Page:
So where I am now in my super-charged editing phase is that I am in the final third of my manuscript and I haven’t read this part of my novel with an editing hat on since the end of last year. I don’t know about you, but my memories of the previous year are generally really rather vague, even more so now because, well, 2020. Anyway, on Thursday evening another scene popped up, linked to the earlier eight scenes up above and you guessed it, I had, when I first wrote it, highlighted the paragraph, made a note in the sidebar and moved on.

You might be shaking your head by now, quite possibly rolling your eyes so loudly that I can hear you (yes, I can hear you). Well, nobody is perfect, especially me, although I am making an attempt to be better because… I fixed all of these plot holes yesterday in a four hour stint of get your head down serious work. By the time I had reached the final stage of my normal back-up process (save on laptop (and therefore the cloud), save on pen drive, save on Time Machine external hard drive), I felt accomplished. One small step for Freya, one giant leap for Anti-Virus.

Perhaps I could have gone about this in a more efficient way. Perhaps I could have been more of a planner, less of of a pantser*. I’m pretty certain that I’m in that hybrid plantser category – you know, plan a bit and wing the rest of it. My novel started out as a germ of an idea entirely focused on a dis-United Kingdom scrabbling over water and other environmental resources in a climate change situation. That was a long, long time ago. It has evolved. It still does consider the human impact on our planet, it still is set in a dis-United Kingdom (and good heavens I really hope I’m not foreshadowing the future in too much detail), but it is very different from the ‘worthy’ nature of its beginnings and is firmly dystopian because that’s my bread, butter and jam. So, plantser. (I still have the initial handwritten notes I made about this, so I have the proof that I did plan, well, something).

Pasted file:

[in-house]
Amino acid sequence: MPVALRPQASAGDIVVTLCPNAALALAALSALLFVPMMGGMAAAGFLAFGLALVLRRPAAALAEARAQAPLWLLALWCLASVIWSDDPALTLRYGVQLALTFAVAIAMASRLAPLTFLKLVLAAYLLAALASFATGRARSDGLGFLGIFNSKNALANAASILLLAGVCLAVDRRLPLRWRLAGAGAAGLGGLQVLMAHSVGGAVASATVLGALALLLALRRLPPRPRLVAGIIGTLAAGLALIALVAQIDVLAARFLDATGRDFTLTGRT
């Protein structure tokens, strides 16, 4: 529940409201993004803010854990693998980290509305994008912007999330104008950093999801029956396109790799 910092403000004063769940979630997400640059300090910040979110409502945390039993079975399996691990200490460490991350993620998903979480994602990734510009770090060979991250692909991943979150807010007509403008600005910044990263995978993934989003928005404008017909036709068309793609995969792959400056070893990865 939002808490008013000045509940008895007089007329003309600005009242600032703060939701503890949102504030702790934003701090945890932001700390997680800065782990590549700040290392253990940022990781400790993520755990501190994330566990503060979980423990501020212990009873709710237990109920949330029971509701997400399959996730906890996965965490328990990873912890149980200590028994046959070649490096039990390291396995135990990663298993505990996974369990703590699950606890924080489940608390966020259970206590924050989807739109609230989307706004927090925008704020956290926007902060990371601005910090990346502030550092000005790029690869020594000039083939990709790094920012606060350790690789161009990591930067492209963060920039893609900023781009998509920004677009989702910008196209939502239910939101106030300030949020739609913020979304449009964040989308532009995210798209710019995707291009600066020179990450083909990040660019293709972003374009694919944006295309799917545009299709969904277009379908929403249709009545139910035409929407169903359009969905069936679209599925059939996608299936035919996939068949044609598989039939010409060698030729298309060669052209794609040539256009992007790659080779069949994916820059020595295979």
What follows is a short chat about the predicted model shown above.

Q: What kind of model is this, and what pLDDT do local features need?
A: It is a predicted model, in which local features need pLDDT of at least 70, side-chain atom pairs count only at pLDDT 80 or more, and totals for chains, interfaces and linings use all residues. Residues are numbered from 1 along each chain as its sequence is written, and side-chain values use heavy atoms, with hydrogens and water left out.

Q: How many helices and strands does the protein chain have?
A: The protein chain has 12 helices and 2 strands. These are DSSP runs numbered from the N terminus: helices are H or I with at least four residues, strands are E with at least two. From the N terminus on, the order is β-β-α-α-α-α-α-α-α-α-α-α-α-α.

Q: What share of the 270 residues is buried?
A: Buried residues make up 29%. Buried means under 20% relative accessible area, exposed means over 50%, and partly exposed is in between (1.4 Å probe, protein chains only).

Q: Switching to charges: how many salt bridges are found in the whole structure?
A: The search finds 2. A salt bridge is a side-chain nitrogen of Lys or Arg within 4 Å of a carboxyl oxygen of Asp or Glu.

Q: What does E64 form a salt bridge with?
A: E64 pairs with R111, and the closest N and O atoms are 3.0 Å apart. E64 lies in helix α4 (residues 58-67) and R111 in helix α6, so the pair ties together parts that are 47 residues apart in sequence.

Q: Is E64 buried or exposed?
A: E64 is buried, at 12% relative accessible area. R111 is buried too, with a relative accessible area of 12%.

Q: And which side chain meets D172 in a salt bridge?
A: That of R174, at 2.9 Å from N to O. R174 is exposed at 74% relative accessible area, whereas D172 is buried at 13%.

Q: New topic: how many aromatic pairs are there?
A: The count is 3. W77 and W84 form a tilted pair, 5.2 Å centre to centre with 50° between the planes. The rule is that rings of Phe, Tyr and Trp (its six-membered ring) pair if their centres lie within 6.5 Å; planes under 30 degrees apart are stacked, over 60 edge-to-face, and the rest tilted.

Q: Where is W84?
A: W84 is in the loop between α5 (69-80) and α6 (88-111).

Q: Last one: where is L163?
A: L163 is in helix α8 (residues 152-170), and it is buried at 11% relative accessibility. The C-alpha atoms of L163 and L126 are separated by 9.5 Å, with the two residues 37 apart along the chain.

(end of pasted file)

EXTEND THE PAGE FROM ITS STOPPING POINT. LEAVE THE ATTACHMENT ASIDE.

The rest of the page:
I’m feeling good about where I am with Anti-Virus. Even if it is going to wake me up at 3am again (it probably will). Onwards and upwards!

*For those not in the know, ‘pantser’ as in fly by the seat of your pants. Planning and pantsing is a hot discussion topic in the writing community!

dVerse – Poetics 427 – Incompatible

I’m a little late to enter into the dVerse Poetics night (a whole day late!), but I’m not quite back in the swing of things yet. Our lovely host has invited us to write a poem using the word ‘folly’, in whatever way we prefer. I do enjoy it when words can have different meanings, as there will be even more variety to the entries!

Why not hope over and take a look, read some of the poems and maybe even take part yourself? In the meantime, here’s my entry, I hope you enjoy it!


I was caught at a moment of weakness, sure,

cast adrift on a sea of detritus all of my own making,

so I had thought, so I had told myself, so I had flagellated myself with

the endless, barbed telling,

the recriminations encasing me in a mummy’s shroud of suffocation.

You, oh so clever, ever aware, ever searching for that one, weak point

swooped down, a bird of prey to my mouse-shrunken self

and plucked me away to dizzying, airless heights,

making me yours, entombing me in your inky black soulless centre.

Oh what folly, of mine, of yours, what utter, blind stupidity.

Since when does a creature of the earth ride well with Death?